Nigeria’s total debt rose marginally by 4.5 percent to N22.7 trillion or N74.28 billion in the first quarter of 2018, the country’s debt management office (DMO), said in a total debt profile it released Wednesday. The percentage increase was in comparison with the total debt profile recorded as at the end of December 2017.
The DMO said in a statement that the increase was accounted for largely by a growth in the domestic debts of states and the Federal Capital Territory (FCT), as well as the $2.5 billion Euro bond issued in February 2018 whose proceeds were still being deployed to redeem maturing Domestic Debt.
According to the DMO, the debt figures show that the implementation of the debt management strategy, which entails an increase in the external debt stock through new external borrowing and the substitution of high cost domestic debt with low cost external debt, is achieving the desired results in several areas.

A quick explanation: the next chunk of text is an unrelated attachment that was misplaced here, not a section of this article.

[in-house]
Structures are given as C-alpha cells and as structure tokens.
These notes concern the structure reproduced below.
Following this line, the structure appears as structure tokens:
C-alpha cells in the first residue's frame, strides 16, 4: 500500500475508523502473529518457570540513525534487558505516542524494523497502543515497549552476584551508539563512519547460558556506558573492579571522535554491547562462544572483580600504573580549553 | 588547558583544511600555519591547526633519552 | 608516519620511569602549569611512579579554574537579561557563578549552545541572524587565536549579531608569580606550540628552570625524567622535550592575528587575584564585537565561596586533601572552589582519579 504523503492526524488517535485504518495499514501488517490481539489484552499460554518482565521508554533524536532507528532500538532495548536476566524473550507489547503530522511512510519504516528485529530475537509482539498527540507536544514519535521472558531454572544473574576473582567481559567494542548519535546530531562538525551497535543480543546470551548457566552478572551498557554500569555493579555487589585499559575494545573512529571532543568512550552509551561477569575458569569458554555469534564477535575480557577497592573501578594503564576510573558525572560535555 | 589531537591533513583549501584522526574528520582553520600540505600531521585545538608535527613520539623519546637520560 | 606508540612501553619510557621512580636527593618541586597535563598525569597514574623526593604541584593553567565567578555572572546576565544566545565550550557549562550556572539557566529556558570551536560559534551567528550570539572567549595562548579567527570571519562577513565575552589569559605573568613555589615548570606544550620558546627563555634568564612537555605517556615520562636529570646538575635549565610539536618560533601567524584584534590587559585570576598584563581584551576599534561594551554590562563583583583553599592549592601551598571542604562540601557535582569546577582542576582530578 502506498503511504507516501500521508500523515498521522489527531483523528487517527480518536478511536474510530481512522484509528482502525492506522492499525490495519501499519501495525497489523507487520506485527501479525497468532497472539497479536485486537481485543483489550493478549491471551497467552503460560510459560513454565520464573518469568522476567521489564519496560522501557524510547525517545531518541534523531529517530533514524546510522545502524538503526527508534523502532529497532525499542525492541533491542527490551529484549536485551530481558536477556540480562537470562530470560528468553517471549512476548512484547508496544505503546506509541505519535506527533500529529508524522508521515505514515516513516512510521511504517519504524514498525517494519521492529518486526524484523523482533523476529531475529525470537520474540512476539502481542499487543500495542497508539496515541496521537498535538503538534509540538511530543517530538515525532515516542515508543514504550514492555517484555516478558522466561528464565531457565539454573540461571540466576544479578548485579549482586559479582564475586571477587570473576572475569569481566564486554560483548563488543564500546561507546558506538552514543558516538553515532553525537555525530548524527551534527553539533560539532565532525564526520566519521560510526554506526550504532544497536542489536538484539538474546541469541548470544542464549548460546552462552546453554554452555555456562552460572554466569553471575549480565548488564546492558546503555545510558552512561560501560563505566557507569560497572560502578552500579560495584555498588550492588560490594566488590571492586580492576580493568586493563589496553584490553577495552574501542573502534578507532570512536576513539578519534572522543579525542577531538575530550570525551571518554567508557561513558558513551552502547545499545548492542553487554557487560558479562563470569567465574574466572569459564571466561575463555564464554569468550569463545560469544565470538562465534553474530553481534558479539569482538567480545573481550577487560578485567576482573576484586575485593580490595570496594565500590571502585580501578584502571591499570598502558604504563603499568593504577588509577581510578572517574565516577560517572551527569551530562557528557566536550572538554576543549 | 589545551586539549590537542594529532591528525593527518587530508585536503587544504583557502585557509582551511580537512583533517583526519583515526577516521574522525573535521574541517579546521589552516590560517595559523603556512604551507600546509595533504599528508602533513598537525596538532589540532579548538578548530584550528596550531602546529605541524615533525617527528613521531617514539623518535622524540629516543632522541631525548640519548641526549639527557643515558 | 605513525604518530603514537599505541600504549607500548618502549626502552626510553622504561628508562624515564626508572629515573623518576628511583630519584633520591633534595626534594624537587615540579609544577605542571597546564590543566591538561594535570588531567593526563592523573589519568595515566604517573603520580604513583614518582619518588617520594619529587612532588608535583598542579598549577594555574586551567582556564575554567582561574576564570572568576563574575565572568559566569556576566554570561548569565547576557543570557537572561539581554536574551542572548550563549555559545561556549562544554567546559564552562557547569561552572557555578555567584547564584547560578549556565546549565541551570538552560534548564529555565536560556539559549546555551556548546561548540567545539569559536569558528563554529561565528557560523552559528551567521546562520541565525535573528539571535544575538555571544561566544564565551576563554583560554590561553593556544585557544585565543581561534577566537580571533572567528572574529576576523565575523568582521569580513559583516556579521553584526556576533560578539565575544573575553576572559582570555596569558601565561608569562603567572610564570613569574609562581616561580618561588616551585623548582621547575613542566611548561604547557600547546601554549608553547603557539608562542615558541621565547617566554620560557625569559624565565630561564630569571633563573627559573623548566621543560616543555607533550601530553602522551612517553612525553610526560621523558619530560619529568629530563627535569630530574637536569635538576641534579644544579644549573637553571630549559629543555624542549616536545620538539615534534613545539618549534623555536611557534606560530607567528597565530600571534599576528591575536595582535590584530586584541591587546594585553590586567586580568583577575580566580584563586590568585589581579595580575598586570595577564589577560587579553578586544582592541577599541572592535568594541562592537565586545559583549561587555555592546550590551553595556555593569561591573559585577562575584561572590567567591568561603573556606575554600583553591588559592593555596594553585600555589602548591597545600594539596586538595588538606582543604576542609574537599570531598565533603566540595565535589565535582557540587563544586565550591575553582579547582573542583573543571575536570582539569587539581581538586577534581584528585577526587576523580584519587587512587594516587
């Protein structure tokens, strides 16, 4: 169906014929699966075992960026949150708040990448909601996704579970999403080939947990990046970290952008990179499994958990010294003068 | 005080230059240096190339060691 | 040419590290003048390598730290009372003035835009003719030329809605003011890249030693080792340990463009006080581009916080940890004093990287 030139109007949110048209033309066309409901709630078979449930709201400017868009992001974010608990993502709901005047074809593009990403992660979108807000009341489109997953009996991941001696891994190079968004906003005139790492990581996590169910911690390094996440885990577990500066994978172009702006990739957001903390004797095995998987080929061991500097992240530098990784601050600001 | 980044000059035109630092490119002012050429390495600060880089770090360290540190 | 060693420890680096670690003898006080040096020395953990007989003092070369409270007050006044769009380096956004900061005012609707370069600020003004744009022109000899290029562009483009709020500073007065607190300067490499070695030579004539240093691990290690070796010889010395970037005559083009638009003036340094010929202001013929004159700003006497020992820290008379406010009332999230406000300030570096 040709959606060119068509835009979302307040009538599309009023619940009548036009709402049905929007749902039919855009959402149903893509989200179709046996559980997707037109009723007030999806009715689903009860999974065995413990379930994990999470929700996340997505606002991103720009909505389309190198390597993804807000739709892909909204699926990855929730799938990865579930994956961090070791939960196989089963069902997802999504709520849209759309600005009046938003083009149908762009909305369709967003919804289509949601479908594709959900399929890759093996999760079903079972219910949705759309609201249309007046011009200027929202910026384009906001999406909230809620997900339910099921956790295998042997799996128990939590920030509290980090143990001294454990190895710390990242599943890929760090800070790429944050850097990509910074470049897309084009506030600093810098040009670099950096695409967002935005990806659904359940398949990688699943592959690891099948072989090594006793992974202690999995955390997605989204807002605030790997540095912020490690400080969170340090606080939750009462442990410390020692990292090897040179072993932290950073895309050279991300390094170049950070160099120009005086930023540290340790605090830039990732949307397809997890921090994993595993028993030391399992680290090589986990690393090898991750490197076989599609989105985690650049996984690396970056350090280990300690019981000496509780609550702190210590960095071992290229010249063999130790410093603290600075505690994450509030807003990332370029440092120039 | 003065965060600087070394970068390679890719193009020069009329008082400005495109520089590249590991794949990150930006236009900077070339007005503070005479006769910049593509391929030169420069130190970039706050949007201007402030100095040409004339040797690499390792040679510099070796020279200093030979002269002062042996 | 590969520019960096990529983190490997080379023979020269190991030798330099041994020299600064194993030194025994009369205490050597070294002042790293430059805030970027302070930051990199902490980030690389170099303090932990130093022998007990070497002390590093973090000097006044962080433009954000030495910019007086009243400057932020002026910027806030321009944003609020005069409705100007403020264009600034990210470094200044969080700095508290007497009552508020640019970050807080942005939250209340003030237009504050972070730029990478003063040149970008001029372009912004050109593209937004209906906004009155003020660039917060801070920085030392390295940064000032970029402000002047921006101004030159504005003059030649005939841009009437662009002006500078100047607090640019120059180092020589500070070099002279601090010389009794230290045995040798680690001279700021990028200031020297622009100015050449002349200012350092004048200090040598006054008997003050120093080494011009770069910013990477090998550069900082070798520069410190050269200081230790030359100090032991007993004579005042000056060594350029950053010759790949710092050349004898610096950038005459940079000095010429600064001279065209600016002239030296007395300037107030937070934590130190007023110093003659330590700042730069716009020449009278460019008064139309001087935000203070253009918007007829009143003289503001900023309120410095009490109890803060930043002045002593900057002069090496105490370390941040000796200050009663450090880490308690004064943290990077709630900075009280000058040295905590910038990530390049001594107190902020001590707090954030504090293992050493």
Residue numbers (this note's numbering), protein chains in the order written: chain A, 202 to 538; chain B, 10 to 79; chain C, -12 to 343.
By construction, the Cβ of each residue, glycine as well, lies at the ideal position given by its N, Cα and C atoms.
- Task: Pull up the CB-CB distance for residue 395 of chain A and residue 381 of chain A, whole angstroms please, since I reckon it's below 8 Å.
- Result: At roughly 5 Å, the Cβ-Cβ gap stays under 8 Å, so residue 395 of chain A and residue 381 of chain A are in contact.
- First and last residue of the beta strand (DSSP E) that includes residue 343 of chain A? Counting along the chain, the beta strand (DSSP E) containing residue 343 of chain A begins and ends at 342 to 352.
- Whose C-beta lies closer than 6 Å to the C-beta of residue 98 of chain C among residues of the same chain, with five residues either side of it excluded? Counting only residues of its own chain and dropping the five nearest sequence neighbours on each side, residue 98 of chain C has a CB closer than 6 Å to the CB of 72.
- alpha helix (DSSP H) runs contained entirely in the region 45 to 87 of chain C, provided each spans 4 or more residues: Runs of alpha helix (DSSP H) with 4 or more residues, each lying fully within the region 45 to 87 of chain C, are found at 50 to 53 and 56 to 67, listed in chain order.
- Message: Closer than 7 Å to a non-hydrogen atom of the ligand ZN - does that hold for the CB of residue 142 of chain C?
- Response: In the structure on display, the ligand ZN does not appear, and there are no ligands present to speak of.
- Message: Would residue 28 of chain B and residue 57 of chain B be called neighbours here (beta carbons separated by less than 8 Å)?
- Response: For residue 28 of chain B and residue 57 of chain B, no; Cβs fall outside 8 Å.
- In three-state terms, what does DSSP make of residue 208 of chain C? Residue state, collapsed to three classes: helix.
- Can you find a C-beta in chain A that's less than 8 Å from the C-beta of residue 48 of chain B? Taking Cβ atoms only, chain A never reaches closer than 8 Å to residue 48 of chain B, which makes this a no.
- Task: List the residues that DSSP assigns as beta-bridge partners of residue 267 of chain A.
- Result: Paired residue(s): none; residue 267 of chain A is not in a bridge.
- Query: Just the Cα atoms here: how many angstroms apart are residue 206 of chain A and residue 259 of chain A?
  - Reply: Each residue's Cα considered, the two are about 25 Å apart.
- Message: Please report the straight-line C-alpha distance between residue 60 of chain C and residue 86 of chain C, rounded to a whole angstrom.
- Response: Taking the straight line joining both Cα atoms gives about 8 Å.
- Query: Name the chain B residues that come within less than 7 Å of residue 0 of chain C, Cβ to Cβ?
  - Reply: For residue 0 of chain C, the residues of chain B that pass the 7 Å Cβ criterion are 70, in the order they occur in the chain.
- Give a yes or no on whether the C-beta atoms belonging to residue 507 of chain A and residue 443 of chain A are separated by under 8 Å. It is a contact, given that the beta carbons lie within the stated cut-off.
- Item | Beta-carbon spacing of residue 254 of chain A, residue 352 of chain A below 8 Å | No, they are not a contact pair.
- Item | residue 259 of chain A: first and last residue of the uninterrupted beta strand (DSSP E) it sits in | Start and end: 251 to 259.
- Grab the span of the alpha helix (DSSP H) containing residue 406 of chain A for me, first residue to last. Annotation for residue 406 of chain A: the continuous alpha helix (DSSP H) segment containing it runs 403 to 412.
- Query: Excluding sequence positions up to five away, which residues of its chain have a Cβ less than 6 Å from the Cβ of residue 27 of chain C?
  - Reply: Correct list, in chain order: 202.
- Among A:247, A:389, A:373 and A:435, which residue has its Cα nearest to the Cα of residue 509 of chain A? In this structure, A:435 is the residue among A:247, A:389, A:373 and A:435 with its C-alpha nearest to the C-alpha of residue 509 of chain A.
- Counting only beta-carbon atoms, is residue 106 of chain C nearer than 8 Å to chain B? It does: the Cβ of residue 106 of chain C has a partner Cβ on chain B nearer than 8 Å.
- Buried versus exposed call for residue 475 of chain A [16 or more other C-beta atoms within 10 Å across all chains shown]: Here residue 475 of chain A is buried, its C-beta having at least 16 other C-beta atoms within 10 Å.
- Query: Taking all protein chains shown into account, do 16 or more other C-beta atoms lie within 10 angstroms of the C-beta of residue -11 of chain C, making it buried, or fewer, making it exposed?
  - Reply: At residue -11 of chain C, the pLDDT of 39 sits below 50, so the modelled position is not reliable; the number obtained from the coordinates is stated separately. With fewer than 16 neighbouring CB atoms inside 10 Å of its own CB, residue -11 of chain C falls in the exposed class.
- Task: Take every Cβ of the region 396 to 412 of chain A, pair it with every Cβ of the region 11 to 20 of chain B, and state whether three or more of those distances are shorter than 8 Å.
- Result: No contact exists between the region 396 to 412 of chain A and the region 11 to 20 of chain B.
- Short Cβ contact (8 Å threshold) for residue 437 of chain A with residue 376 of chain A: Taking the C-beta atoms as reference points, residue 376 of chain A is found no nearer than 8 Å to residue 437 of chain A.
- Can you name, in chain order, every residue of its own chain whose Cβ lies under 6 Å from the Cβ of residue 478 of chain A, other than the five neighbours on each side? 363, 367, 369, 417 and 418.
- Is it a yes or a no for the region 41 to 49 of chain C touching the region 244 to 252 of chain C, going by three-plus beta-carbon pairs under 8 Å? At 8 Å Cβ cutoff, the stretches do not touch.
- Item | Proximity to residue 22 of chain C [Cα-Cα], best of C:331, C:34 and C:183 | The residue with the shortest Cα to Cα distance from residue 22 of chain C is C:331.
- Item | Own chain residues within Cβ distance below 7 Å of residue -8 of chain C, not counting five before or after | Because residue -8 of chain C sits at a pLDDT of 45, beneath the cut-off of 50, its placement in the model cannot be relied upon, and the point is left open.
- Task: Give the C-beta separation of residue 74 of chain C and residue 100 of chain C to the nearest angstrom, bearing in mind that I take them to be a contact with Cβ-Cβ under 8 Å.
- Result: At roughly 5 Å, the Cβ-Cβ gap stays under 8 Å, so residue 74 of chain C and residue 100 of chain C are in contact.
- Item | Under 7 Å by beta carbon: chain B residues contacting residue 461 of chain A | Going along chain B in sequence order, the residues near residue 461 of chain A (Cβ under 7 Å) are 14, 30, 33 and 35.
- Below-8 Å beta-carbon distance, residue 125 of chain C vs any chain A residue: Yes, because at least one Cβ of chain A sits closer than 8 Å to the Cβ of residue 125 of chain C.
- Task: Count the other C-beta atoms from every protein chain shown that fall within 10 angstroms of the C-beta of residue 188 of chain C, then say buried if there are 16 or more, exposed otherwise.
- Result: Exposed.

One of the highlighted areas recording desired achievement, according to the DMO, is the share of the external debt stock in the total public debt which rose to 30 percent as at March 31, 2018, compared to 17 percent in 2015, 20 percent in 2016 and 27 percent in 2017.
Similarly, the DMO said the redemption of N279.67 billion of Nigerian treasury bills using some of the proceeds of the $2.5 billion Eurobond issued in February 2018, led to a decline in market interest rates from 13 – 14 percent per annum in December 2017 to 11 – 13 percent per annum in Q1 2018, further noting that the redemption of the treasury bills made more funds available to banks for lending to the private sector.
“The decline in interest rates implies lower cost of borrowing for the private sector. Thus, the Government is actively enabling the private sector through the instrumentality of financial markets, to play a leading role in economy,” the DMO said.
Energy January 4, 2020